Book Review: Liquid Crystal Nightingale by Eeleen Lee

Liquid Crystal Nightingale by Eeleen Lee
My rating: 3 stars 🌟🌟🌟
Publisher: Abaddon

At the very end of this story is a book blurb for Tangle's Game by Stewart Hotston and I was still reeling from the end of Liquid Crystal Nightingale and it occurred to me that both these books literally end mid-scene and I was doubly peeved! How did I happen into this circumstance again?! Is this now a thing for some would-be standalones? Why is this a thing? That aside, I slashed a star off my rating. 

This had all the hallmarks of a story that was right down my lane and I have to give all kinds of points to a great beginning that kept me quite engaged. There's also lush and vivid imagery and descriptions that made the world come alive. They have weaponized fans with biological mesh and shawls that are as beautiful as they are deadly. Corporatized families reign and lord over the underclasses and also carry out a good bit of shadiness within their rarified ranks.

Lee drops the reader right into the place and just goes with names and references and you're forced to either dive into the slipstream or GTFO. That, I found to be a strength of the story. The characters weren't ultimately as rich as I'd thought they'd be. For what seemed an interminable stretch, main character Pleo (my favourite, btw) is much discussed but missing from the stage. There's great action (wonderfully choreographed fights with broken and bloody ends) but there's also a long lull midway where I felt my interest waning a bit. The action picks up and plot moves forward at a good clip in the back 20% and then a huge moment is upon our characters and one asks "Does it end here?" only to have another reply "I hope so." Leaving this reader yelling "WTHDYM?! AYFKMRN?! THIS IS THE END?!"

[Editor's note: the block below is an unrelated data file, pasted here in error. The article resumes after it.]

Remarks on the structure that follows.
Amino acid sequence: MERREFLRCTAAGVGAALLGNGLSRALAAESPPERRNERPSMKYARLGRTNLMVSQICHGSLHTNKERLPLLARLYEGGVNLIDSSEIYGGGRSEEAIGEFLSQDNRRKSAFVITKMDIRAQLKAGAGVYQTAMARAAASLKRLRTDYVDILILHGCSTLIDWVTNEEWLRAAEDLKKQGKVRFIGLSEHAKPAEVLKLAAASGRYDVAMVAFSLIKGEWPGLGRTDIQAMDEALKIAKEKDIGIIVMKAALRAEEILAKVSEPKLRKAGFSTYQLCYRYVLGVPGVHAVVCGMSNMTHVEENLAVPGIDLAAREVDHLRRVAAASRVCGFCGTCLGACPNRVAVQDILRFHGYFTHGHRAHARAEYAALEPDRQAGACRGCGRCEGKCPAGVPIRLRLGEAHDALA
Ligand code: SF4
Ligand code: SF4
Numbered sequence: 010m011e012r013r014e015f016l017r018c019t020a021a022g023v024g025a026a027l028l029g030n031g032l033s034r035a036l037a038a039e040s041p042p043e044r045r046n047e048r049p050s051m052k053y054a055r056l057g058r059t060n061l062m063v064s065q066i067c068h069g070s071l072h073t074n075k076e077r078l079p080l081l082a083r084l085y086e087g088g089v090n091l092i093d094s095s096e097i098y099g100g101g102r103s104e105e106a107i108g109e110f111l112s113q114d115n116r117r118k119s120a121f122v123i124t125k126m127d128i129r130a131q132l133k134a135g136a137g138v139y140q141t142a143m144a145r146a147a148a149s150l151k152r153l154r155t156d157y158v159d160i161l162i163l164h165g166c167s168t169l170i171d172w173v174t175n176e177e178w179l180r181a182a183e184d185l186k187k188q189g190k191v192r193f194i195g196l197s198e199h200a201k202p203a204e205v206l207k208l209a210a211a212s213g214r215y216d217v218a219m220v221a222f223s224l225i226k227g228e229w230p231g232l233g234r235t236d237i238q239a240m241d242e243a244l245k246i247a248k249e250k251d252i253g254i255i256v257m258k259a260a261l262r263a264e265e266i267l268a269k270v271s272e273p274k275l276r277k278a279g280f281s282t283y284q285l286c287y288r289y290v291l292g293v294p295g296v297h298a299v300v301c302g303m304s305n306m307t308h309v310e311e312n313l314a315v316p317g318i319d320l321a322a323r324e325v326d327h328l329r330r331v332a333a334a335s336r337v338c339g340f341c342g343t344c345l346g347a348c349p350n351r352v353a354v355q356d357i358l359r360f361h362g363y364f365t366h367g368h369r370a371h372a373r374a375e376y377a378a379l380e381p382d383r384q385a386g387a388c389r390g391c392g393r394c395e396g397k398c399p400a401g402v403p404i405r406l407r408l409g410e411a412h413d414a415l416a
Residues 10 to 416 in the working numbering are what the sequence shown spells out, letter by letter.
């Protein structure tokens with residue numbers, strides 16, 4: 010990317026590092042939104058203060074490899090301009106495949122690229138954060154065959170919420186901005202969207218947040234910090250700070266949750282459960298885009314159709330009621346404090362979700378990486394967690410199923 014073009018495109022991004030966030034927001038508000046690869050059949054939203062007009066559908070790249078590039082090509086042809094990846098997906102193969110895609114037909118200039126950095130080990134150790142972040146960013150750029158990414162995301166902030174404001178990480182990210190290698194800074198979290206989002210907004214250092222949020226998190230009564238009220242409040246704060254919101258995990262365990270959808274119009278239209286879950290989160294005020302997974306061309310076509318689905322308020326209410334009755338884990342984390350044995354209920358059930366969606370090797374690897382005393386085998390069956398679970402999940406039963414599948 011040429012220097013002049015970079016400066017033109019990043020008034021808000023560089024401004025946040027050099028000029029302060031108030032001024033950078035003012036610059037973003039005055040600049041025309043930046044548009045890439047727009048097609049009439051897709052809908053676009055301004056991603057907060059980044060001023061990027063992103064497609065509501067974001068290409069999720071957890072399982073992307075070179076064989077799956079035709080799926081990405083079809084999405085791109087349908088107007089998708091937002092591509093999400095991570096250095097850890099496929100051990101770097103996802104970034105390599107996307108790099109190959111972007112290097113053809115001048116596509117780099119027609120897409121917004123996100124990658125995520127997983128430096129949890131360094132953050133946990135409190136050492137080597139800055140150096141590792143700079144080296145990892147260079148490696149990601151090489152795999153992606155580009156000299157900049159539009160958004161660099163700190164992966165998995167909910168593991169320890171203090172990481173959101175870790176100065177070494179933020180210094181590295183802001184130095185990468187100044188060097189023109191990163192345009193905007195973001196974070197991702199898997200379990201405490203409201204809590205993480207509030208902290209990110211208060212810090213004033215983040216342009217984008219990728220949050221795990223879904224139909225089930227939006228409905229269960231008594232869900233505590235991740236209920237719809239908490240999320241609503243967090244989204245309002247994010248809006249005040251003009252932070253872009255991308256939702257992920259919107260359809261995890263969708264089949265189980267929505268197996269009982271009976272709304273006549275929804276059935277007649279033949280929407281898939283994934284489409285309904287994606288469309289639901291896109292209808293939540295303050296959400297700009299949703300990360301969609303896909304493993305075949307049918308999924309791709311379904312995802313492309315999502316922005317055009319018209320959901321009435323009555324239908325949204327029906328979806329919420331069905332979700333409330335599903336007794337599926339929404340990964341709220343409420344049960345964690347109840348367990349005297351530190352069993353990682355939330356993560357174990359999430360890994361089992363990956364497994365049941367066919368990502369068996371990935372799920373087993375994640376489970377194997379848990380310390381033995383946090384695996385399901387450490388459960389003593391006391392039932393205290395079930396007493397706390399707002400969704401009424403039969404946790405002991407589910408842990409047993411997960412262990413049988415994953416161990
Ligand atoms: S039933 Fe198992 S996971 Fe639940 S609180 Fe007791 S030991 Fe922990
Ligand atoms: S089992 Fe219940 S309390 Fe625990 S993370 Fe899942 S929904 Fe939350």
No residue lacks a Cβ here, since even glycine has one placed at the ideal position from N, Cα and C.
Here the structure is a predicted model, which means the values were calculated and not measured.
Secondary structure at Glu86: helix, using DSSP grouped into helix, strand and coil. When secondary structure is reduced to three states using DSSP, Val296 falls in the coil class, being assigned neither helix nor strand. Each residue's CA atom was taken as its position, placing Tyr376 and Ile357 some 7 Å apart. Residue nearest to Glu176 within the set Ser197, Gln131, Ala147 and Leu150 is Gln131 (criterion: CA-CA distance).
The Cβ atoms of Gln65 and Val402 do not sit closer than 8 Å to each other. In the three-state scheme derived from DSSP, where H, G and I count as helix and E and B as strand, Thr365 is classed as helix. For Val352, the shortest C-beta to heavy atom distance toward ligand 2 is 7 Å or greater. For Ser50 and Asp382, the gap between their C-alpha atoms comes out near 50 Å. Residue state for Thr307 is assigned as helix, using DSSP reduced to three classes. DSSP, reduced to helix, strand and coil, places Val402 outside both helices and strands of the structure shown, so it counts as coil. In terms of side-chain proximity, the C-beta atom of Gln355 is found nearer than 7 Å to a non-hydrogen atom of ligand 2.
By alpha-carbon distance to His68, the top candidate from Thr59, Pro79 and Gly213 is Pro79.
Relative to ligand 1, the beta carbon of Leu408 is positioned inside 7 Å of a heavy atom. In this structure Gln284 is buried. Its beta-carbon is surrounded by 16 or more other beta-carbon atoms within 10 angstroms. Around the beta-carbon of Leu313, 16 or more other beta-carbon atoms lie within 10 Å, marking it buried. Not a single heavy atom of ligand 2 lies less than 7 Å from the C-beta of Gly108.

So, in the end, I wound up at a three. On the upside, I'd read another by Lee. What was good was very good. In book likes this reminded me of Tangle's Game (obvs) and also Luna (because future feudalism with corporatized families).

Favourite passage (even public transport can be deadly if you are a fare evader):
He filed past two servitors hard at work, their telescopic arms spraying white foam over three bodies sprawled on the floor behind the sentry turnstiles. Three commuters had been shot dead by the turnstiles, most likely for trying to run through them. The foam generated a rising mound of streaky red and pink flurry as the bodies dissolved. "Dissolving's faster than bagging bodies up," a woman remarked from behind Marsh. "Lucky for those who die straight away." "I've seen some move," a man replied. "Heard them screaming too. The turnstiles' programmers like a bit of variety: bullets, acid sprays, even darts."

Summary: A bold and clever political thriller science fiction debut
Go deeper, they said. Look closer.

Pleo Tanza is a survivor. Her father was broken by tragedy, her twin sister is dead—chewed up and spat out by the corruption and injustice of Chatoyance—but she’s going to make it, whatever it takes. She’s going to get off this rock.

But escape is for the rich or lucky. Pleo’s framed for the murder of a rival student—the daughter of one of the colony’s wealthy, squabbling clans—and goes on the run, setting off a chain events that could destroy the fragile balance of the old colony forever…

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